I applied for a job and haven't heard back

No Response on a Job Application — Do This

“I applied for a job and haven’t heard back. Now what?” 

Two-Column Cover Letter

First, did you send a two-column cover letter that shows you meet at least 50% of the job’s selection criteria? If you didn’t, write one now.

If you don’t meet at least 50% of the job’s selection criteria, don’t put any more effort into going after this job. Invest your time in pursuing jobs that are better matched to your knowledge, skills, and abilities.

BTW, don’t send this letter. They’re a nice idea, but hardly anyone executes them well. They are, however, excellent tools for job seekers to use in analyzing whether or not they should apply for a job.

Were You Compliant?

If you meet the selection criteria, be sure you applied as specified in the directions.

If you applied through an applicant tracking system (ATS), check your keywords. Optimally, your resume (not your cover letter) should contain each keyword the ATS will search for to produce a list of applicants for human eyes.

If you can’t use 50% of the keywords you identify, don’t put any more effort into pursuing the job.

Done with that one to two-hour process? OK, that was a lot of work to correspond with a freaking computer, wasn’t it? 151 of 152 people who try to get a job through an ATS also say, “I applied for a job and haven’t heard back.”

Thus, it’s a good idea to ask yourself why you are corresponding with a computer instead of a person.

Find the Right Person

Invest your time in getting to know people who can support your candidacy inside your target companies.

Stop writing to computers unless someone inside the company has your resume and has agreed to provide it to the hiring manager. Then fill out all of the computer stuff to make HR happy and help them do their jobs.

If you match the job’s qualifications, figure out a way to find a human being who works in your department of interest. If you can’t do this yourself, it’s OK to ask others for help. Keep asking others until you have it figured out.

Once you find a human who works in your department of interest, make contact with that person. Briefly explain your qualifications for the job — the 30-second version, not the 30-minute version.

Ask them for their advice on how to pursue the position. People love to give advice. (Look at me. I do it for free right here.)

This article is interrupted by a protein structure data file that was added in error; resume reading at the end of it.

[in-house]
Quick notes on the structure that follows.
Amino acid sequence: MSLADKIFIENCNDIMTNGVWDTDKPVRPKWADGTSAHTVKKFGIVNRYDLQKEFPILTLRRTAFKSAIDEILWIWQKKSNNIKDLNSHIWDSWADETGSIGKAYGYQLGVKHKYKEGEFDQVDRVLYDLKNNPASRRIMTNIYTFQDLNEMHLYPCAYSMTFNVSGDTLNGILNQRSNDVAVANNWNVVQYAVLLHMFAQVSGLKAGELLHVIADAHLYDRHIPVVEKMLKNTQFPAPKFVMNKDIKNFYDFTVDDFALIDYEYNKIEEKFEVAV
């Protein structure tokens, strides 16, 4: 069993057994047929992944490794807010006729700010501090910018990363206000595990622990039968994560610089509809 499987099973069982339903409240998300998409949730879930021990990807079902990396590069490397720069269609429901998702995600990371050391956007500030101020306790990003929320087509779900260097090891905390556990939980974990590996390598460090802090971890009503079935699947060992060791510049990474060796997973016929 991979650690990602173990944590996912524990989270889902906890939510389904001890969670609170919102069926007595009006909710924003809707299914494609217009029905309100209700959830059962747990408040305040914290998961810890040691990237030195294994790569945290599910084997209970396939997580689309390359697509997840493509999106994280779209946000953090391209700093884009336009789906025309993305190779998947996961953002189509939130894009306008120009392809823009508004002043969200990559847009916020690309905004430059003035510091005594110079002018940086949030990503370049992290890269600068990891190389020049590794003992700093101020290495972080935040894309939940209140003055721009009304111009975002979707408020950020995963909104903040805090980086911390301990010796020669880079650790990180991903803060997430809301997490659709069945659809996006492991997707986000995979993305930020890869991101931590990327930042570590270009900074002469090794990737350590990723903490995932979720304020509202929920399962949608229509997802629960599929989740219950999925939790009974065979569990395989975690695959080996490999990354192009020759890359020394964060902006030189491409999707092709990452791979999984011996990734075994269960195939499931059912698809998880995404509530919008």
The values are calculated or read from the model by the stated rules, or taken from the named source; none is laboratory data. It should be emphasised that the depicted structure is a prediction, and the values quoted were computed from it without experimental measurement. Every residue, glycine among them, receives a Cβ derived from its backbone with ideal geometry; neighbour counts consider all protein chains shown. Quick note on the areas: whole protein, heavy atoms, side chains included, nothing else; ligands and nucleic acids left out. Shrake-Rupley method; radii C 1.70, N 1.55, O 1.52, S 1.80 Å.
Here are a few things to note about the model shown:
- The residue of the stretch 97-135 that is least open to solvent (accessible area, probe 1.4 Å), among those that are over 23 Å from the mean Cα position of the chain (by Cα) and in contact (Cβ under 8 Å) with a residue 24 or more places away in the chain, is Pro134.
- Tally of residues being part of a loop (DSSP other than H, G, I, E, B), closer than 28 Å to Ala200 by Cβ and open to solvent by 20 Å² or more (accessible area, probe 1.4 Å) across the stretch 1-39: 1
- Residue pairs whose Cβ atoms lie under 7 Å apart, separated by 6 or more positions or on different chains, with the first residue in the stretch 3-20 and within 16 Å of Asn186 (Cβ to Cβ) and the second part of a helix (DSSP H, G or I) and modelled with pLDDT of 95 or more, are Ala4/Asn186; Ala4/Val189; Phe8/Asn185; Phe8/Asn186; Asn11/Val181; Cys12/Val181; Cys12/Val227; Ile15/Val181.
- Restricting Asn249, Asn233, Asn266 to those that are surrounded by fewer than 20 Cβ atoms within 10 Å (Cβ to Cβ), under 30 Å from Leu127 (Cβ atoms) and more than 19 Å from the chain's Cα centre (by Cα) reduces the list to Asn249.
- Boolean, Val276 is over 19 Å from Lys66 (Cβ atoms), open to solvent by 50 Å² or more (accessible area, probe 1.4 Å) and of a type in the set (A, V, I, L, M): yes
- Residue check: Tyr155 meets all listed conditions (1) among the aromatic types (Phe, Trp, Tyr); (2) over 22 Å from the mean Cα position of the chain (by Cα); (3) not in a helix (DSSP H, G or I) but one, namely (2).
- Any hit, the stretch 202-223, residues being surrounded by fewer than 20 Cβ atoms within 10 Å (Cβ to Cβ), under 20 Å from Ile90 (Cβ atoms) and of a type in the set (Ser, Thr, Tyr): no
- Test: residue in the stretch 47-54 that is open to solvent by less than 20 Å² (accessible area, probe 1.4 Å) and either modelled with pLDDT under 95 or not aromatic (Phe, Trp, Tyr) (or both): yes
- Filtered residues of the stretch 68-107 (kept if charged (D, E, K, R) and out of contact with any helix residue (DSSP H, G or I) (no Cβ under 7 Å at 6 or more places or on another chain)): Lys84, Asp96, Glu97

Hopefully, the company has an employee referral program. If they do, this person might pounce on the opportunity to refer you because they stand to gain something too. It’s likely a win/win proposition that you are offering, so you can do it with a strong spirit and great confidence.

Wait Some More

If you have applied through personal contact and ten working days have elapsed, look here for more ideas on what to do next with your time and your contact person.

If 15 working days have elapsed, and you haven’t been able to stimulate any action, consider carefully repeating all of the above with a second person.

Image: Fotolia/g stockstudio
Updated May 2019

© 2010 – 2019, Donna Svei. All rights reserved.

Comments 9

  1. Well said Donna: there’s a reason the landing rate for black hole techniques is so low, relative to networking!

  2. Ah Ed,

    Thank you! I knew that I would eventually find a way to work Portia Nelson’s Autobiography in Five Chapters into a blog post. See here: http://www.panhala.net/archive/autobiography.html. It’s all about habits of falling into holes and it’s very appropriate for “black hole techniques” of job search.

    Cheers,

    Donna

  3. Your info is invaluable…going to study your blog some more! Appreciate you “putting it out there!”

  4. If I saw a cover letter like the 2 column one linked here come into my office, I would wonder why this person is repeating their resume and then I would wonder why they can’t format a simple letter before I threw it in the trash. What an awkward, ugly format. Do you have any evidence that that format works at all?

    Elizabeth, I agree. These letters are ugly. However, I usually read these letters. Why? Because a job seeker is either going to show me how well they match the spec or make it REALLY easy for me to disqualify them. Donna

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